On July 23, 2015, Pneuma/Jones' motion for summary judgement was heard. During that hearing, the court below, while acknowledging that testimony could neither be taken nor considered in a summary judgment proceeding, proceeded to conduct a lengthy interrogation of counter-defendant Donald James. The trial court also looked at pictures of the jobsite on Mr. James' cellular telephone which previously had not been made part of the record or filed in advance of the motion for summary judgment. Despite the fact that the affidavits in support of and in opposition to the motion for summary judgment were hopelessly contradictory, summary judgment in Pneuma/Jones' favor was granted. The court determined that $10,225 was owed to Pneuma/Jones and that Pneuma/Jones' construction lien should be foreclosed. Because this effectively denied the relief the Jameses were seeking, judgment was entered against them on their claim as well.

The Jameses appeal; for the following reasons, we reverse.

We need go no further than Florida Rules of Civil Procedure 1.510 governing motions for summary judgment to reverse the order on appeal. That rule expressly states that judgment may be summarily entered “if the pleadings and summary judgment evidence on file show that there is no genuine issue as to any material fact and that the moving party is entitled to a judgment as a matter of law.” Fla. R. Civ. P. 1.510(1)(c). Because the affidavits on file in support of and in opposition to Pneuma/Jones' motion for summary judgment are diametrically opposed on virtually every, if not every, issue of material fact at issue here, no summary judgment should have been entered.

In reaching this conclusion, we do not suggest that had the parties adduced evidence consistent with their affidavits or had Mr. James been sworn and testified at a properly noticed bench trial that the result should have been or would have been different. We only hold here that the trial court could not have concluded that Pneuma/Jones was entitled to a summary judgment without first impermissibly resolving material issues of fact, and that it was improper to consider matters not properly before the court at the time of the motion for summary judgment. See Grant Builders Group, Inc., 58 So.3d at 349 (“The trial court could not have concluded that South Bay was entitled to judgment as a matter of law without first resolving the factual dispute presented by the parties' conflicting affidavits regarding the payment for the materials for the Summer Place project. Resolution of such factual disputes is not permissible through summary judgment.”); Charles E. Burkett & Assocs., Inc. v. Vick, 546 So.2d 1190, 1191 (Fla. 5th DCA 1989) (finding that conflicting affidavits created a genuine issue of material fact precluding entry of summary judgment); Goodman v. Anthony, 269 So.2d 756, 757 (Fla. 3d DCA 1972) (finding the trial court erred in granting summary judgment “predicated upon the record before it, which contained sharply conflicting affidavits from the parties dealing with the issue of completion of the construction”); see also Estate of Bain v. Bibolini, 711 So.2d 92, 93 (Fla. 3d DCA 1998) (“[U]nder Florida Rule of Civil Procedure 1.510, ‘oral testimony is inappropriate at a hearing on a motion for summary judgment,’ as ‘[t]he determination of disputed material facts cannot be properly accomplished during a hearing for summary judgment.’ “ (quoting Orange Lake Country Club, Inc. v. Levin, 645 So.2d 60, 62 (Fla. 5th DCA 1994))); Fla. R. Civ. P. 1.510(c) (“The adverse party shall identify, by notice served pursuant to rule 1.080 at least 5 days prior to the day of the hearing, or delivered no later than 5:00 p.m. 2 business days prior to the day of the hearing, any summary judgment evidence on which the adverse party relies. To the extent that summary judgment evidence has not already been filed with the court, the adverse party shall serve a copy on the movant pursuant to rule 1.080 at least 5 days prior to the day of the hearing, or by delivery to the movant's attorney no later than 5:00 p.m. 2 business days prior to the day of hearing.”).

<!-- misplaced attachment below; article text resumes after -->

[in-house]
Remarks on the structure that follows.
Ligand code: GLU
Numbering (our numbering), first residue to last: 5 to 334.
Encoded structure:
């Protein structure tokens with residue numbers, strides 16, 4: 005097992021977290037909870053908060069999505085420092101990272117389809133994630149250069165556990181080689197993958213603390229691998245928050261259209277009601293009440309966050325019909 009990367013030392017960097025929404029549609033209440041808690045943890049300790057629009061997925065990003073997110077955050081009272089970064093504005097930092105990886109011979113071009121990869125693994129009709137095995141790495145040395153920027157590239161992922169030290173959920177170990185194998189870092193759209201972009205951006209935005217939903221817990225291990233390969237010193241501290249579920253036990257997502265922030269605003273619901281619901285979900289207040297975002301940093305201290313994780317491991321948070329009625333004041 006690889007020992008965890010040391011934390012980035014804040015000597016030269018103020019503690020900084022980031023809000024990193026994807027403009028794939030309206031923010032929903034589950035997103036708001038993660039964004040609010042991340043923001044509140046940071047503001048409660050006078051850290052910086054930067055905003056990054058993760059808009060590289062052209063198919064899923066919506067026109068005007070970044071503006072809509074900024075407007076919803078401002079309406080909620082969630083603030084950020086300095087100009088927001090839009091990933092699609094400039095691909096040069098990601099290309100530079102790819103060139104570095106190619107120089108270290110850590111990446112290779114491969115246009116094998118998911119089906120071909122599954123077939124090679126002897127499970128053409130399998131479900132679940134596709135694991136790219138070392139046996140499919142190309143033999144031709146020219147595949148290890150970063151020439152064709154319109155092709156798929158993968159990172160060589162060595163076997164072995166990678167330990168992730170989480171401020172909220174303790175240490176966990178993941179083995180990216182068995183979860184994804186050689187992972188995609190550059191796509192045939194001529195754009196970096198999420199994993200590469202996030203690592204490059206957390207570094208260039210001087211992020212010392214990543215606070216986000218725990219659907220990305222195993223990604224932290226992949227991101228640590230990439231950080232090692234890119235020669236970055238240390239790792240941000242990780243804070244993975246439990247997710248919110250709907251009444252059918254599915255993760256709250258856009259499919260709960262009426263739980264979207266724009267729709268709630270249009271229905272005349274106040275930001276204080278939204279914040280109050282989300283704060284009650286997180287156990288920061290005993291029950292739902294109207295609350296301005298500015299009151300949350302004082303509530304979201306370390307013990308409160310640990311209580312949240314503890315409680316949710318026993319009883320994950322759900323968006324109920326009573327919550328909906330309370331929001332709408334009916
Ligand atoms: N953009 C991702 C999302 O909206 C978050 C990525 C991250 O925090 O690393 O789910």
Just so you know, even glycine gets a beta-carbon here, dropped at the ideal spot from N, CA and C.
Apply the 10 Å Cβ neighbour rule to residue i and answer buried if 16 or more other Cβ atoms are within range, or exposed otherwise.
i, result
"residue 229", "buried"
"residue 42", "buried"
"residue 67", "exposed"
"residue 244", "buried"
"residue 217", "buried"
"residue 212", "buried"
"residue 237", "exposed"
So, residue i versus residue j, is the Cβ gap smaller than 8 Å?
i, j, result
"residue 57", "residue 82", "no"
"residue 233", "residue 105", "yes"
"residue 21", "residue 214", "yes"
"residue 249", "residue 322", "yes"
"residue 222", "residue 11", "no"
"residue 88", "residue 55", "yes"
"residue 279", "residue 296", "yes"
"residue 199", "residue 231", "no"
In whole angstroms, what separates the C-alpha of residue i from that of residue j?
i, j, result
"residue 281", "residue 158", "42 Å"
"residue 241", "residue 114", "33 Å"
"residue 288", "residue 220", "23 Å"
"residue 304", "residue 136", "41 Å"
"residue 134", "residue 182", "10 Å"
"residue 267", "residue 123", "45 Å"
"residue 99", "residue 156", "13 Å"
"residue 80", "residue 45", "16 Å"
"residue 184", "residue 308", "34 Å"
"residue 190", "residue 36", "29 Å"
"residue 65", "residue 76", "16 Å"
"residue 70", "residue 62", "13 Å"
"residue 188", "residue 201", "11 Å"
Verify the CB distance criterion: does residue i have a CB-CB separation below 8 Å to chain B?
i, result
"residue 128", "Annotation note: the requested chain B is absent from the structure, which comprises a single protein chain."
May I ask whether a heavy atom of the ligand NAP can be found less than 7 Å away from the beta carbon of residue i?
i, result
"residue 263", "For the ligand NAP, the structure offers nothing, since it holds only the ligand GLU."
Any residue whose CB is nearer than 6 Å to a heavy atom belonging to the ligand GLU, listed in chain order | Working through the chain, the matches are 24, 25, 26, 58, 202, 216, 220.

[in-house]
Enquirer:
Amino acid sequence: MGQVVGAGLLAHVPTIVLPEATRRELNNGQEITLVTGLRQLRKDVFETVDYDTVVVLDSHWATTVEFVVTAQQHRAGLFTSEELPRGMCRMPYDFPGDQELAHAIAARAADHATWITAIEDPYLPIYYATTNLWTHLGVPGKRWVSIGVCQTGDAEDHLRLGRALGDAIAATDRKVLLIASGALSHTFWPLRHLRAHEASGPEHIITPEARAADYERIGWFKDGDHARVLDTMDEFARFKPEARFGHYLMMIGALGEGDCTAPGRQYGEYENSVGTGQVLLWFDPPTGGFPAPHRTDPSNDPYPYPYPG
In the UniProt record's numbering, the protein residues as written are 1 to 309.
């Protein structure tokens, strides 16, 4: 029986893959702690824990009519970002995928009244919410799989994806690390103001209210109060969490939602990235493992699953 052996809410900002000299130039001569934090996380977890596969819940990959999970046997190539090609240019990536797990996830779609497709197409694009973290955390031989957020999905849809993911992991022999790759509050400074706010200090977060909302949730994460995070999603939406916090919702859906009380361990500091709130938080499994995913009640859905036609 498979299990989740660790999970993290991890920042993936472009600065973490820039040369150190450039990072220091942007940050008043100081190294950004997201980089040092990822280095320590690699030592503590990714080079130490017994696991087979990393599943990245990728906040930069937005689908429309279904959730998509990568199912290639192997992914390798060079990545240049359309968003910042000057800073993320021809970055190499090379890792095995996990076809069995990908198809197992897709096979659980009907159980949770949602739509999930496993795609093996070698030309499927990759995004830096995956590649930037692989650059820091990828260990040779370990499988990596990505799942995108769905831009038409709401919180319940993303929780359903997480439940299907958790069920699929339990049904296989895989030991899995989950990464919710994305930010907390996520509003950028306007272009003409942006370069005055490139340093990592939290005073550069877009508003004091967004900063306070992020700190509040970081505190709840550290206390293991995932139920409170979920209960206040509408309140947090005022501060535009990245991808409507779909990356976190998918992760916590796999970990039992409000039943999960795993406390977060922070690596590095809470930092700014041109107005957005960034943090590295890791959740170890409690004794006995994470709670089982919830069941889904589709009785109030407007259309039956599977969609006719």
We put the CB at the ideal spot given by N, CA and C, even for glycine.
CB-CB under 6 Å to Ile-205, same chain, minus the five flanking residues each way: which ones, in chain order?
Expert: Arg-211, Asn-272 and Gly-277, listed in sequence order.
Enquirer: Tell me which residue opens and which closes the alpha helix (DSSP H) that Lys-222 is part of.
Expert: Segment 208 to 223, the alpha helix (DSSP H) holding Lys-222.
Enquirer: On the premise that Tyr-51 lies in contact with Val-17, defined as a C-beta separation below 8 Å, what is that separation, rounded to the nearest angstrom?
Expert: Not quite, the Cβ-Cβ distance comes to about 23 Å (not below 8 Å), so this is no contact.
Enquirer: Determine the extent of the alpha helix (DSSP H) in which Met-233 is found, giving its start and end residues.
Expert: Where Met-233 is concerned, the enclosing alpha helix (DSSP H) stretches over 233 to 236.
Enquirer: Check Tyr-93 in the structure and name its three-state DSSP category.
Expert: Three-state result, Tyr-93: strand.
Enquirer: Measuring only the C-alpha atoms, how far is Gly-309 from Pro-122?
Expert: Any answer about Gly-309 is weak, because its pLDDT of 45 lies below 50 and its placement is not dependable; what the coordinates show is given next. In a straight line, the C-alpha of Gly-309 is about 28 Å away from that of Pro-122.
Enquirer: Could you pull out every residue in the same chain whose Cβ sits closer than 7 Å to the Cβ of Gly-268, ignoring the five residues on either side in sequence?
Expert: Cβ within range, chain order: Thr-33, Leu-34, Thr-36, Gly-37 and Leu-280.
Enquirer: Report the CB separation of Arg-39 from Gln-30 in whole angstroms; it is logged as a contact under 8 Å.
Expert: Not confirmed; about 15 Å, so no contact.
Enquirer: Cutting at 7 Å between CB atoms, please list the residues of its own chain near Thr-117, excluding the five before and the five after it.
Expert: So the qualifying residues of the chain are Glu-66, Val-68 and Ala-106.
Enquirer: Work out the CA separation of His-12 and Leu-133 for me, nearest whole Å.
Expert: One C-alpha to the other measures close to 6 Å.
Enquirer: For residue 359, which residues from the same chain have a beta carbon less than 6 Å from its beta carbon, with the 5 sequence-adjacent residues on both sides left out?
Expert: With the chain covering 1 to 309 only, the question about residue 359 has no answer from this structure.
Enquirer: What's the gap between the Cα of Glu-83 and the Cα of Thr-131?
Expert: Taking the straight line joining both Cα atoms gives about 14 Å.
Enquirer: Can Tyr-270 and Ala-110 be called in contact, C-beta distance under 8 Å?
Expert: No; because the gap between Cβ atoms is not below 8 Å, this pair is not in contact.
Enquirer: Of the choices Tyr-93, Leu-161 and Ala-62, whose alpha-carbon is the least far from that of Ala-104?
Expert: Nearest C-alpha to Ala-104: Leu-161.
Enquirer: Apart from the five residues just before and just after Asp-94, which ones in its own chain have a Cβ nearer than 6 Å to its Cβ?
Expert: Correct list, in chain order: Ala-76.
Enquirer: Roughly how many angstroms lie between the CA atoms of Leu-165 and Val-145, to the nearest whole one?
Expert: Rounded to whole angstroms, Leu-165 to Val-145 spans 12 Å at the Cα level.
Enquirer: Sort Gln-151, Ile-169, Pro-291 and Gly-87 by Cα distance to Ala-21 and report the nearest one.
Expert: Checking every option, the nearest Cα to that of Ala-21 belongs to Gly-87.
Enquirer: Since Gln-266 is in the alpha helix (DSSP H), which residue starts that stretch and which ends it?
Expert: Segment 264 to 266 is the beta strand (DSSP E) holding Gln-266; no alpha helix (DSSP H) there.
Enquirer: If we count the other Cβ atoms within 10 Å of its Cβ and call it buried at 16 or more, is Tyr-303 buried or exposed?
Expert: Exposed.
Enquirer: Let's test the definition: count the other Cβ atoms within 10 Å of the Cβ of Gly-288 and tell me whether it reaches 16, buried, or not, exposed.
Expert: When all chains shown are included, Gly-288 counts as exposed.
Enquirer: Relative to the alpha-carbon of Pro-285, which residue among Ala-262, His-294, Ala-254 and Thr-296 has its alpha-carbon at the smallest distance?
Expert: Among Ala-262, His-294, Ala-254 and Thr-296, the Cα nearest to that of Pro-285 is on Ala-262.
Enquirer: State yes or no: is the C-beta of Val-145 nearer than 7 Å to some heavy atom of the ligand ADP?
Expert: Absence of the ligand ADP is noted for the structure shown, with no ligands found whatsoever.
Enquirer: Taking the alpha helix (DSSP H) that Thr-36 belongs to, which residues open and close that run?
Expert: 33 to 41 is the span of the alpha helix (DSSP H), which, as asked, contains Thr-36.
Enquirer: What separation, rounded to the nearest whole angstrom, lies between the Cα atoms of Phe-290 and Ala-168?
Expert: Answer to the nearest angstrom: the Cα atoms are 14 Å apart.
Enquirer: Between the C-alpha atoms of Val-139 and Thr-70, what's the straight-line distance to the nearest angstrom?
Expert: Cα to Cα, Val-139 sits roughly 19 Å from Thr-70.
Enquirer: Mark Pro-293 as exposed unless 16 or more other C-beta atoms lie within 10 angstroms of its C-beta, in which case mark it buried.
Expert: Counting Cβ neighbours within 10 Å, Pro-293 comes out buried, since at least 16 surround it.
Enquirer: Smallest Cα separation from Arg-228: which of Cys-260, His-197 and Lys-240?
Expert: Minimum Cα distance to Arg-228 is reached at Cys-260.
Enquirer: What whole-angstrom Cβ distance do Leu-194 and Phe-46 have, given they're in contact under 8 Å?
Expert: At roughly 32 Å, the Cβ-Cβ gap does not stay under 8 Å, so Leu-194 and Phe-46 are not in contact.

Accordingly, we reverse the summary final judgment entered below and remand for further proceedings.

Reversed and remanded.

WELLS, Judge.